Fear is one thing, but tact is another. One slip by the tricksters and the jig, as they say, could be up. Attaining a balance of fright and concern for the victim's well-being is important. Mrs. A remembers the policeman rounding off the total amount she had to deposit from 1,982,620 to 1,982,000 yen, with him even proclaiming over the phone, "I'm a nice guy, right?"
Last year such scams in Japan were highly profitable. Police statistics showed that over 2.3 billion yen was squeezed from roughly 4,000 unsuspecting victims. The growth was immense.
Success bred popularity. The early part of last year only saw a handful of such cases. But by year's end, the police were recording over 1,000 incidents each month.
The names, phone numbers, and other details (in Mrs. A's situation, even her apartment building name) are often obtained through corporate data leaks of customer information. Mrs. A thinks the perpetrators received her information through a convenience store membership club.
The biggest such incident in Japan occurred earlier this month when Softbank Corp.'s Yahoo! BB Internet provider had information on 4.52 million subscribers stolen. This came soon after 2 million customers of Sanyo Shinpan Finance Co., a consumer finance firm, had their private information leaked.
Thus far, loan shark organizations tied to yakuza groups have been fingered as many of the perpetrators. While typically targeting senior citizens living alone - though not the case with the 40-year old Mrs. A - these impersonators have ranged from sons asking mothers for money for car repairs to women seeking funds from lovers for an abortion.
The crimes prey on a cultural trait, a social stigma that plays right into these wily weasels' hands: Japan attaches great shame to debt. Though Mrs. A maintains that her willingness to pay was instigated entirely by a want to help her husband, she says, "A person who will pay the money is seen as honest, strong, and responsible."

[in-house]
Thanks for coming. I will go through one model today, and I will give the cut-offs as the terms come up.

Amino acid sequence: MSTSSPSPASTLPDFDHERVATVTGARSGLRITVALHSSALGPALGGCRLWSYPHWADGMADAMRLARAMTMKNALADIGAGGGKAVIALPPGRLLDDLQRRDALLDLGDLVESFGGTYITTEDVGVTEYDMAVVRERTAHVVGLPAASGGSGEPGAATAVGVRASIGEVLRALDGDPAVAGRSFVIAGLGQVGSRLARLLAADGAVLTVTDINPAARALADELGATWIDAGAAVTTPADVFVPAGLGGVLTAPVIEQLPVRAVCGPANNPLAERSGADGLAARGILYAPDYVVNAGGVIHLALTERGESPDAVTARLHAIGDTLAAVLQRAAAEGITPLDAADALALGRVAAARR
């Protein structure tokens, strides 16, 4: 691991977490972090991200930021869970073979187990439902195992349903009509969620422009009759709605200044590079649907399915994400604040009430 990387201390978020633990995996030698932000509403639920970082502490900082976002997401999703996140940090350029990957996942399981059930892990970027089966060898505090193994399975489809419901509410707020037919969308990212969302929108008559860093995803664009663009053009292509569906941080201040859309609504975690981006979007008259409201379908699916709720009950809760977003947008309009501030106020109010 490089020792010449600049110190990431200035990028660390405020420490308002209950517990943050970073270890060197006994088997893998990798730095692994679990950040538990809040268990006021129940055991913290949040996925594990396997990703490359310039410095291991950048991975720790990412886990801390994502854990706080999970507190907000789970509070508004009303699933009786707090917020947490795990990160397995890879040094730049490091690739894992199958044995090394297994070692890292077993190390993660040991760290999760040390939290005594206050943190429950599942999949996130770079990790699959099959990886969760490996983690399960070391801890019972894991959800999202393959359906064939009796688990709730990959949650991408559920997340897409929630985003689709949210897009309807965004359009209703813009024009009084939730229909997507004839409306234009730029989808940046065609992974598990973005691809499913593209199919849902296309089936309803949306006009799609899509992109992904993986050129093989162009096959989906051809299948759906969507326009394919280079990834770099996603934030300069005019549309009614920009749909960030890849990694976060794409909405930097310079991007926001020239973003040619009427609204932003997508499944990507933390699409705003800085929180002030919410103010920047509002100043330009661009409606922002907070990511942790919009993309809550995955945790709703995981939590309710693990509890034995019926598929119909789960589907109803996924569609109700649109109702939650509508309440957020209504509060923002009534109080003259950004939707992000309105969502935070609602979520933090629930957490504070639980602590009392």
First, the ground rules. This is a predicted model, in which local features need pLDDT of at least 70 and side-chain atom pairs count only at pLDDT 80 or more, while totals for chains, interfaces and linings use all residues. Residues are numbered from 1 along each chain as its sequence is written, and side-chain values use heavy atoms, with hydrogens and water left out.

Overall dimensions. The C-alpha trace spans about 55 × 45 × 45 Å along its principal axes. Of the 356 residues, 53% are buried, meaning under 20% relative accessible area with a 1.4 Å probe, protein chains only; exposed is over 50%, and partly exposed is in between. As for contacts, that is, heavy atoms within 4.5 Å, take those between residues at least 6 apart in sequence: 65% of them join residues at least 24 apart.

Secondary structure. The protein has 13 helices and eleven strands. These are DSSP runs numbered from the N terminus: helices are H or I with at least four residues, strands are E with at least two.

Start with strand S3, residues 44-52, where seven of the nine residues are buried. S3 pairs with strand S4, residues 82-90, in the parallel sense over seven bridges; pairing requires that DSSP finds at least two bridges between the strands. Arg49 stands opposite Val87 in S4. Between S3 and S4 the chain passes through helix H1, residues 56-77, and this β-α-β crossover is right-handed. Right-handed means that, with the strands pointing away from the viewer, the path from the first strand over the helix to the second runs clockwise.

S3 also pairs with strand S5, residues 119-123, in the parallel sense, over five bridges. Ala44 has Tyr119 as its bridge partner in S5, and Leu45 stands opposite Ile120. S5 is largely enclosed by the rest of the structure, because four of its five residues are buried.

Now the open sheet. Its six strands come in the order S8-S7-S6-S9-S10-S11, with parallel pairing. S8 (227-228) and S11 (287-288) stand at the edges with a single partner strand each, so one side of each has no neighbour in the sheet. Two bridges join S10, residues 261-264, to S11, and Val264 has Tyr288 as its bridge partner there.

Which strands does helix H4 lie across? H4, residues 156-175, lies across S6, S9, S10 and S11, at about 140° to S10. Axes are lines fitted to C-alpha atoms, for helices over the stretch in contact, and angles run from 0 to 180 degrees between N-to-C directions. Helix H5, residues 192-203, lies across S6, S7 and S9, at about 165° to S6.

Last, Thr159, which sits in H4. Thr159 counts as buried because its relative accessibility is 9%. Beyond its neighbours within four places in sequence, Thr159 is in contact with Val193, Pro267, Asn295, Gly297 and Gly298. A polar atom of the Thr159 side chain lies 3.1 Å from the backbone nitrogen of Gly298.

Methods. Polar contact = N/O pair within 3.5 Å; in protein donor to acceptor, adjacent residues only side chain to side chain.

Given this, and the fact that Japan is a society functioning primarily on cash, generally shunning stock and other investments, swindling money out of people for non-existent problems becomes the perfect scam. (Mrs. A also said she also received multiple "past-due" notices from loan companies for loans she never took out.)
Her story, however, has a somewhat happy ending. On the way to the bank that day, she paused, thinking that what was happening had to be a dream; it was all so unreal. So she decided to call her husband, who informed her that no accident had taken place. Relieved, yet shaken and in tears, she retold the story to a real police officer at a nearby station.
Since she didn't pay any money in the end, the police are not going to investigate the case further. Later the would-be swindlers called back wondering about the transaction, but once she told them she had called her husband's office, the line was cut.
Mrs. A remains upbeat, even scoffing at friends and relatives who have made jokes about her falling for a trick typically intended for older people.
"It was a terrible day," she says, "but at least I didn't pay the money. So if everyone wants to have a laugh at my expense, that's fine."
Note: Ai Inoue and Sayaka Watanabe contributed to this report from the Tokyo Bureau.